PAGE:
• wider
    • Bland Altman
    • less repeatable and reliable
  38. The customary definition of an abnormality is a z-score of ____ or a distance of ______
    • 3
    • 3SD
  39. Examples of rulers used in imaging (5)
    • ultrasound
    • fundus photography
    • OCT
    • keratometry
    • MRI
  40. What is an ultrasound?
    a non-invasive imaging technique
  41. Ultrasounds allow the imaging of (3)
    • soft tissues
    • body cavities
    • the eyes
  42. Ultrasounds are often used for
    fetal evaluation during pregnancy
  43. How does an ultrasound work? (4)
    • sound waves of high frequency (>20k Hz/sec) are bounced off tissues
    • reflected into probe
    • echoes are converted electrical signal
    • reconstructed into a picture - sonogram
  44. The higher the frequency, the ___ the wavelength
  45. As wavelength shortens, the image resolution of an ultrasound
  46. A ______ relationship exists between ____ and ________ of tissue penetration in an ultrasound
    • direct
    • wavelength
    • depth
  47. The shorter the wavelength the more ________ the penetration in an ultrasound
  48. B-scan is manufactured with _______ frequencies of about _______ oscillations per sec or ____
    • very high
    • 10 million
    • 10MHz
  49. In an A scan, the _______ the echo, the ______ the spike
    • stronger
    • higher
  50. The echoes returned from an A-scan are
    converted into spikes that arise from the baseline
  51. The amplitude in an A-scan is determined by _____ and gives the examiner info regarding ____
    • the strength of the echo
    • the density of the tissue
  52. In a B-scan, the brightness is determined by ___ and allows the examiner to determine ____
    • the strength of the echo
    • the density of the tissue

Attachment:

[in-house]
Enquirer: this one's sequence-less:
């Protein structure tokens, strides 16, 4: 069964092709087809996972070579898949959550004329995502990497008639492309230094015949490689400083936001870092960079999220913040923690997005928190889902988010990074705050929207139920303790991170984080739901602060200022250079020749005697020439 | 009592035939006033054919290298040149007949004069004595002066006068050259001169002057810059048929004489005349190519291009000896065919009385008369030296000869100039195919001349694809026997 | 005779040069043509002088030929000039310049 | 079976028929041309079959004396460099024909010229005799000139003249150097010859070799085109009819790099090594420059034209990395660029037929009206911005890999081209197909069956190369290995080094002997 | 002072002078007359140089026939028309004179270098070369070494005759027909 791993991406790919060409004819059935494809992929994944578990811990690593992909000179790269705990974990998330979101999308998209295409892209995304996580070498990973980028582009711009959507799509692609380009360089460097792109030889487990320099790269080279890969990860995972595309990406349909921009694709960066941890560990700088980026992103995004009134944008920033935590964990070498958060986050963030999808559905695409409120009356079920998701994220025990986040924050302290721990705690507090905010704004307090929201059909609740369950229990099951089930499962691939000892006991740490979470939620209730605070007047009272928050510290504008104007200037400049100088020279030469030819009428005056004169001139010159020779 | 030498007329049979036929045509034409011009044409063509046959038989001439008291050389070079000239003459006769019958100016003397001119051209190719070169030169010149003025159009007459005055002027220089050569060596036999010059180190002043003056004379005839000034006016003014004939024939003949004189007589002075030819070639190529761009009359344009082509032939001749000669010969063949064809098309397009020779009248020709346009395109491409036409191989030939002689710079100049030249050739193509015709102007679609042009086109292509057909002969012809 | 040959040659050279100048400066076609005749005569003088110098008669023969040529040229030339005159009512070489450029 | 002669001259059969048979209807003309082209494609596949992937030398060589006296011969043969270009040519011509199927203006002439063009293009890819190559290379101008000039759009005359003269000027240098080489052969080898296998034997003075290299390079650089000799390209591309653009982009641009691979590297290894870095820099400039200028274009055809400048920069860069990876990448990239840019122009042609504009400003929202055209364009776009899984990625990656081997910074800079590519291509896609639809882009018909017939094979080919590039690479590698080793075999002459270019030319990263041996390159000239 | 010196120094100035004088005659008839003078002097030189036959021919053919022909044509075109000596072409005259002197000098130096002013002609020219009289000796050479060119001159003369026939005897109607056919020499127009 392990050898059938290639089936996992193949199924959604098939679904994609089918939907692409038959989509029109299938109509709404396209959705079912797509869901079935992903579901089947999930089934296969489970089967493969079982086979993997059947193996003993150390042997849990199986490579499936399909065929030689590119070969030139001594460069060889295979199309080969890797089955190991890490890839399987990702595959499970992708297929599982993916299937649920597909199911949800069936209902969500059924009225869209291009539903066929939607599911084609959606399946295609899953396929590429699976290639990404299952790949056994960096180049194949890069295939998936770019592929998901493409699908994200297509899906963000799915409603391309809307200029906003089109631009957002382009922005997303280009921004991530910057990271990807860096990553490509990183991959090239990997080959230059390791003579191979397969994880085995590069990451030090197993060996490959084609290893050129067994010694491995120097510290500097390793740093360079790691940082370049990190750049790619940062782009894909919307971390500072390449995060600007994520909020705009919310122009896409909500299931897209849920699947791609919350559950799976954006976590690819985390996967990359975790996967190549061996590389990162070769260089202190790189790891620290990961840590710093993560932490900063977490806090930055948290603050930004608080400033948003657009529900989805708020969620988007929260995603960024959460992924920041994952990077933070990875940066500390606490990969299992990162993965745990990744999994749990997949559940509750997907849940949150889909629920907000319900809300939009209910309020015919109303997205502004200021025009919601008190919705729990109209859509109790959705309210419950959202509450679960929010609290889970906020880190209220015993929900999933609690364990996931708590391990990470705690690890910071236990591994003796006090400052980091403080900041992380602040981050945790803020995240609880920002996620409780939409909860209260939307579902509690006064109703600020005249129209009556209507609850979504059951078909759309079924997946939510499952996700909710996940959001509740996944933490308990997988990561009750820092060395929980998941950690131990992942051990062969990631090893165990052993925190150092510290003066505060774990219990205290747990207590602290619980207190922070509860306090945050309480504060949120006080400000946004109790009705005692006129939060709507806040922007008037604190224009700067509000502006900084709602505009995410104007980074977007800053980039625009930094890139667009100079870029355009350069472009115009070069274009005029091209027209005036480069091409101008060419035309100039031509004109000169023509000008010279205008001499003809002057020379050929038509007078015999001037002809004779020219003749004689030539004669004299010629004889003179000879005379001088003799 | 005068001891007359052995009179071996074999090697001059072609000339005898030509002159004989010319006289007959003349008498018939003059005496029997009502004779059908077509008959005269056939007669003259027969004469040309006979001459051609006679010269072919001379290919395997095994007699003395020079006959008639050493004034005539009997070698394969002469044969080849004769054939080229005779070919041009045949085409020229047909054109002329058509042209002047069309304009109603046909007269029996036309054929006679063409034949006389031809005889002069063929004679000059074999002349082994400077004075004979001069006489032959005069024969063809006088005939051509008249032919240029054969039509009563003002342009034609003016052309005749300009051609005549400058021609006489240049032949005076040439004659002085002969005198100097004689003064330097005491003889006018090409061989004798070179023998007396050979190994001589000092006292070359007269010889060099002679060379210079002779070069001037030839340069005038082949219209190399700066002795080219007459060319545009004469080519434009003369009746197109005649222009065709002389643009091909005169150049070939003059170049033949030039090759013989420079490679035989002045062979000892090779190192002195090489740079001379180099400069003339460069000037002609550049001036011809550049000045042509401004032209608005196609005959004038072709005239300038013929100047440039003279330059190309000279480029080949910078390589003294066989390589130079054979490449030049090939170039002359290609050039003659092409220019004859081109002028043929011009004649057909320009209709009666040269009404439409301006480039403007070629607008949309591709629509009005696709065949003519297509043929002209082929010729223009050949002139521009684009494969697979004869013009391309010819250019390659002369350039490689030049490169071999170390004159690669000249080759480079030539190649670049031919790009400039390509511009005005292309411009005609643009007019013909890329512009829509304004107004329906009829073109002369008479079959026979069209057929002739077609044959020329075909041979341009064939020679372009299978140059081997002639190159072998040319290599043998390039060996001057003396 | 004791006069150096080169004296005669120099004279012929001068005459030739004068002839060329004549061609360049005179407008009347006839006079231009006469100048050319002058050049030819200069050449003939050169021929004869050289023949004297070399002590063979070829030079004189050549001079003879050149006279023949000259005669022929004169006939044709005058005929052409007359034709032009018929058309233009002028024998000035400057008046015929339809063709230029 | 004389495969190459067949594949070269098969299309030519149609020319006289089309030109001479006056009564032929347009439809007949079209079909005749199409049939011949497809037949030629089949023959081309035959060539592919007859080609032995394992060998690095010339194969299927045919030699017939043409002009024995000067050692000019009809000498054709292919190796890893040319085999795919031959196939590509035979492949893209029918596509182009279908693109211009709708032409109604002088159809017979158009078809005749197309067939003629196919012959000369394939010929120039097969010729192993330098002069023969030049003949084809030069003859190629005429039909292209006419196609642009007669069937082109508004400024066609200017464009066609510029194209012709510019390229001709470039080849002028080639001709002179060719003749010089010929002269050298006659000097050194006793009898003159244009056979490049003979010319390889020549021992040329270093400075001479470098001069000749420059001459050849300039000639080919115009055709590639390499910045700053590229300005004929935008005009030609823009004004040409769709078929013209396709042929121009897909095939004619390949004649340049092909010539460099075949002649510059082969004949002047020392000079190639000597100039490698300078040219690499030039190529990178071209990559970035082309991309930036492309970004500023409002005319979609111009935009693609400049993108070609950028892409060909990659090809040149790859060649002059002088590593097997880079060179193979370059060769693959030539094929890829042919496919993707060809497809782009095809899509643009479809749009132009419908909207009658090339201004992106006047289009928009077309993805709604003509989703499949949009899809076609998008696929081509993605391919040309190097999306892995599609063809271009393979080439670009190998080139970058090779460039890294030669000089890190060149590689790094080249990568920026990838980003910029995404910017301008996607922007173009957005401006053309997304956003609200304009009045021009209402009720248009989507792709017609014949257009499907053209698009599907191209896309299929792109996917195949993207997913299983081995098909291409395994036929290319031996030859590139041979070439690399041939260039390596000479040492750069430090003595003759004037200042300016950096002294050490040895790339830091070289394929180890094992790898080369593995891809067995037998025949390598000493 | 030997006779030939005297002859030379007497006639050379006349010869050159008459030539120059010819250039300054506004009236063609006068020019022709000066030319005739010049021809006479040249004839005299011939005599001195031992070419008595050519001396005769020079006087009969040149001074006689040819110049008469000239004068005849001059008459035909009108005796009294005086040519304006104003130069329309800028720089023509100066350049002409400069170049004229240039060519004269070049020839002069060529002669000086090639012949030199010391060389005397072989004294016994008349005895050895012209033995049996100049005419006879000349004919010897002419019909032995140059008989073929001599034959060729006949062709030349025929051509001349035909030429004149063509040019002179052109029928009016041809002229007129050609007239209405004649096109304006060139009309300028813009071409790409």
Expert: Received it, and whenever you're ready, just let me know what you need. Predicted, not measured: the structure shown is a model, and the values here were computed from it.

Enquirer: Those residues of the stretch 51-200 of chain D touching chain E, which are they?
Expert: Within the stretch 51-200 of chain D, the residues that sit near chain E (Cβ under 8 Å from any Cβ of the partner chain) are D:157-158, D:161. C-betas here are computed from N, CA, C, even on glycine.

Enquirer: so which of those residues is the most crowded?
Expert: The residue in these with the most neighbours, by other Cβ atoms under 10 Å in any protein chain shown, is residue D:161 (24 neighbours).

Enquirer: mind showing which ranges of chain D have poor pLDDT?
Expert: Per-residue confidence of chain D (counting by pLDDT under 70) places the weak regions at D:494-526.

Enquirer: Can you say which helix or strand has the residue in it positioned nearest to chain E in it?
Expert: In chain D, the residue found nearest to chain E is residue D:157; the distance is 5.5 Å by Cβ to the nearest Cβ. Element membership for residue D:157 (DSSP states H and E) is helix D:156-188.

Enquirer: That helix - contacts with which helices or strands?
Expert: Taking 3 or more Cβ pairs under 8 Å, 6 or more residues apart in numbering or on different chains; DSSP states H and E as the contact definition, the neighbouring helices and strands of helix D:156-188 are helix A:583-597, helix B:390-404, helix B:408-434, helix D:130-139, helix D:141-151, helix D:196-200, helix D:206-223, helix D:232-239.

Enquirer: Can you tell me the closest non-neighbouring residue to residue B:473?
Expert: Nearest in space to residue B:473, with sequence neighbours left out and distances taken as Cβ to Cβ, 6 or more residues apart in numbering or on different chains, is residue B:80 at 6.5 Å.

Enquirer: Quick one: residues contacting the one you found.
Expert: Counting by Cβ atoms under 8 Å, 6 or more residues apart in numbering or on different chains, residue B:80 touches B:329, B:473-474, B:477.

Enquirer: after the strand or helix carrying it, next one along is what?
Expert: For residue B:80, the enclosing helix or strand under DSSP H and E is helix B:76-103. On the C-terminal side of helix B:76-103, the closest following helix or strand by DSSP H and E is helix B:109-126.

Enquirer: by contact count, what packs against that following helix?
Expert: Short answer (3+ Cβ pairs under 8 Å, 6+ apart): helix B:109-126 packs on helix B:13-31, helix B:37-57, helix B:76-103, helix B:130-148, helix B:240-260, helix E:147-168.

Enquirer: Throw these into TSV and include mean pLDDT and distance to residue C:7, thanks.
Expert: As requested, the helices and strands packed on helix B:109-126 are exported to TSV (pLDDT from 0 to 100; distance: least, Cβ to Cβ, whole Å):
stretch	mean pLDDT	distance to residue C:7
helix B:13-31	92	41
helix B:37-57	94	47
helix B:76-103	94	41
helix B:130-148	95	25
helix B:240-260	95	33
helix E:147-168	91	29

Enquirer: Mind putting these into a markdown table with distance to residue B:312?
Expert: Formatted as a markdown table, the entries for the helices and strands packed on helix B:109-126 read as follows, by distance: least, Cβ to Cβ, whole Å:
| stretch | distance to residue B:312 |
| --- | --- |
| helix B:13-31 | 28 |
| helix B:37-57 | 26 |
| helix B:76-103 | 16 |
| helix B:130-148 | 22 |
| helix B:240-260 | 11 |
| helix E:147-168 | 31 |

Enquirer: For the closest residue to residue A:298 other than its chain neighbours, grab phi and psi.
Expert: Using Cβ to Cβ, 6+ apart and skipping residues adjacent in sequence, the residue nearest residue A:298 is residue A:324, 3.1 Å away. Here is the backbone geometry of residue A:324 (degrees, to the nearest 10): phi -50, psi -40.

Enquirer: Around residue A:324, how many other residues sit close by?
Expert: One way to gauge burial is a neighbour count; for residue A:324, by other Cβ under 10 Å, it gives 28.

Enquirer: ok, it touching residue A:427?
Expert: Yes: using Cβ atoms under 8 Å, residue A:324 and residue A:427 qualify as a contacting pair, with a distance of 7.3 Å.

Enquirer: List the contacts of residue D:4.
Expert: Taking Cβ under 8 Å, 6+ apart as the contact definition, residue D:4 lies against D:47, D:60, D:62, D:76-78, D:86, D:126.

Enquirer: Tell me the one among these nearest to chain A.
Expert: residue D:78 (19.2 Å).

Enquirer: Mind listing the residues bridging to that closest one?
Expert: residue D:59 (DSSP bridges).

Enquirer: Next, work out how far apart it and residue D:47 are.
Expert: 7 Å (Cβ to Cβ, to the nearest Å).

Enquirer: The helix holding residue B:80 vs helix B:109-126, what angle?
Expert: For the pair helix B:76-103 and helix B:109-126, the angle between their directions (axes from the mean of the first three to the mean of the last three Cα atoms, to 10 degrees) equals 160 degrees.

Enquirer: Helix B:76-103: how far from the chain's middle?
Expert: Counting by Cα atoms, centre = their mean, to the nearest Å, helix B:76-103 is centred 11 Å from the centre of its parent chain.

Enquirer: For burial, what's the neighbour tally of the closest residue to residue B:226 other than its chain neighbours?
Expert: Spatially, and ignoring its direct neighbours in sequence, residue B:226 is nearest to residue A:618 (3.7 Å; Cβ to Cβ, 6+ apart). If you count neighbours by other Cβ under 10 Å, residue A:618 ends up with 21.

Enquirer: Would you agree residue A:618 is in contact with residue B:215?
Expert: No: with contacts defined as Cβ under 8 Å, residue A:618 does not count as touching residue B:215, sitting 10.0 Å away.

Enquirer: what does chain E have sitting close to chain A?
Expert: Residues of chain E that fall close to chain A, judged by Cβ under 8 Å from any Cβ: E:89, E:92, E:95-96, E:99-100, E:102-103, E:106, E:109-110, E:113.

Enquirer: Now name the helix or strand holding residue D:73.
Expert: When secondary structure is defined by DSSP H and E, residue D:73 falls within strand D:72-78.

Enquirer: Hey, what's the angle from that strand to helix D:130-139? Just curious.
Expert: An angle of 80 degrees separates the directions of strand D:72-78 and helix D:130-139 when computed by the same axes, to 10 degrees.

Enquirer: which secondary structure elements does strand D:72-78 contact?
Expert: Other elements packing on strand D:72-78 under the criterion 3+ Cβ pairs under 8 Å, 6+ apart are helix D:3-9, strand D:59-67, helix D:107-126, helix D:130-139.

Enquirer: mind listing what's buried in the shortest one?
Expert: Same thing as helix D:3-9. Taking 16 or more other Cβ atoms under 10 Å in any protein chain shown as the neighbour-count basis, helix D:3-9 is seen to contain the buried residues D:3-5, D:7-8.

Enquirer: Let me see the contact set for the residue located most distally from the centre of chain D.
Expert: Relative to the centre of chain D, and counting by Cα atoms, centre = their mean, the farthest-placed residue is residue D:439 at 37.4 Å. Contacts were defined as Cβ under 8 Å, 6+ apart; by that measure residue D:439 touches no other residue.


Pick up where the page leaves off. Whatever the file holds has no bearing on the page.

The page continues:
53. Are measurements from fundus cameras accurate? (4)
    • no
    • photo size is affected by the px's refractive error
    • percentage change in sizes may be more reliable
    • use a correction factor/normative database for greater accuracy
  54. OCT generates
    • cross-sectional images of ocular structures
    • 7-10 micrometre axial resolution
  55. OCT uses ___ and has _____
    • light waves
    • no contact with tissue examined
  56. OCT relies on
    low coherence interferometry to generate images using near-infrared light beams (820nm)
  57. Near infrared in OCT scans allows (2)
    • good tissue penetration
    • reflections from the retina and anterior eye
  58. What is interpreted in an OCT scan to reconstruct an image?
    the magnitude and relative location of backscattered light from the tissues microstructures
  59. Confocal scanning microscopy is
    better than standard light microscopy as it allows visualization deep within living and fixed cells and tissues
  60. What is the res for the HRT?
    • has an axial res of 5-10 micrometers
    • lateral res of 1-2 micrometres
  61. What is the mag of the HRT?
    • ~600x
    • i.e. cornea at a cellular level
  62. The HRT uses a
    • Class 1 laser
    • not harmful to cornea
  63. How does the HRT work?
    • condenser scans across the cornea
    • requires coupling viscous gel/direct applanation of the cornea
  64. MRI produces
    high res images of internal structures
  65. How does MRI work?
    • radiofrequenct pulse of given frequency is applied
    • nuclear spins are knocked off axis
    • magnitude of signal and decay depends on density of nuclei and their local structural env --> diff for diff tissues --> contrast images
  66. Benefit of MRI
    avoids health risk of x-rays and CT scans
Card Set:
Lec 2
2015-04-15 15:06:12
Lec 2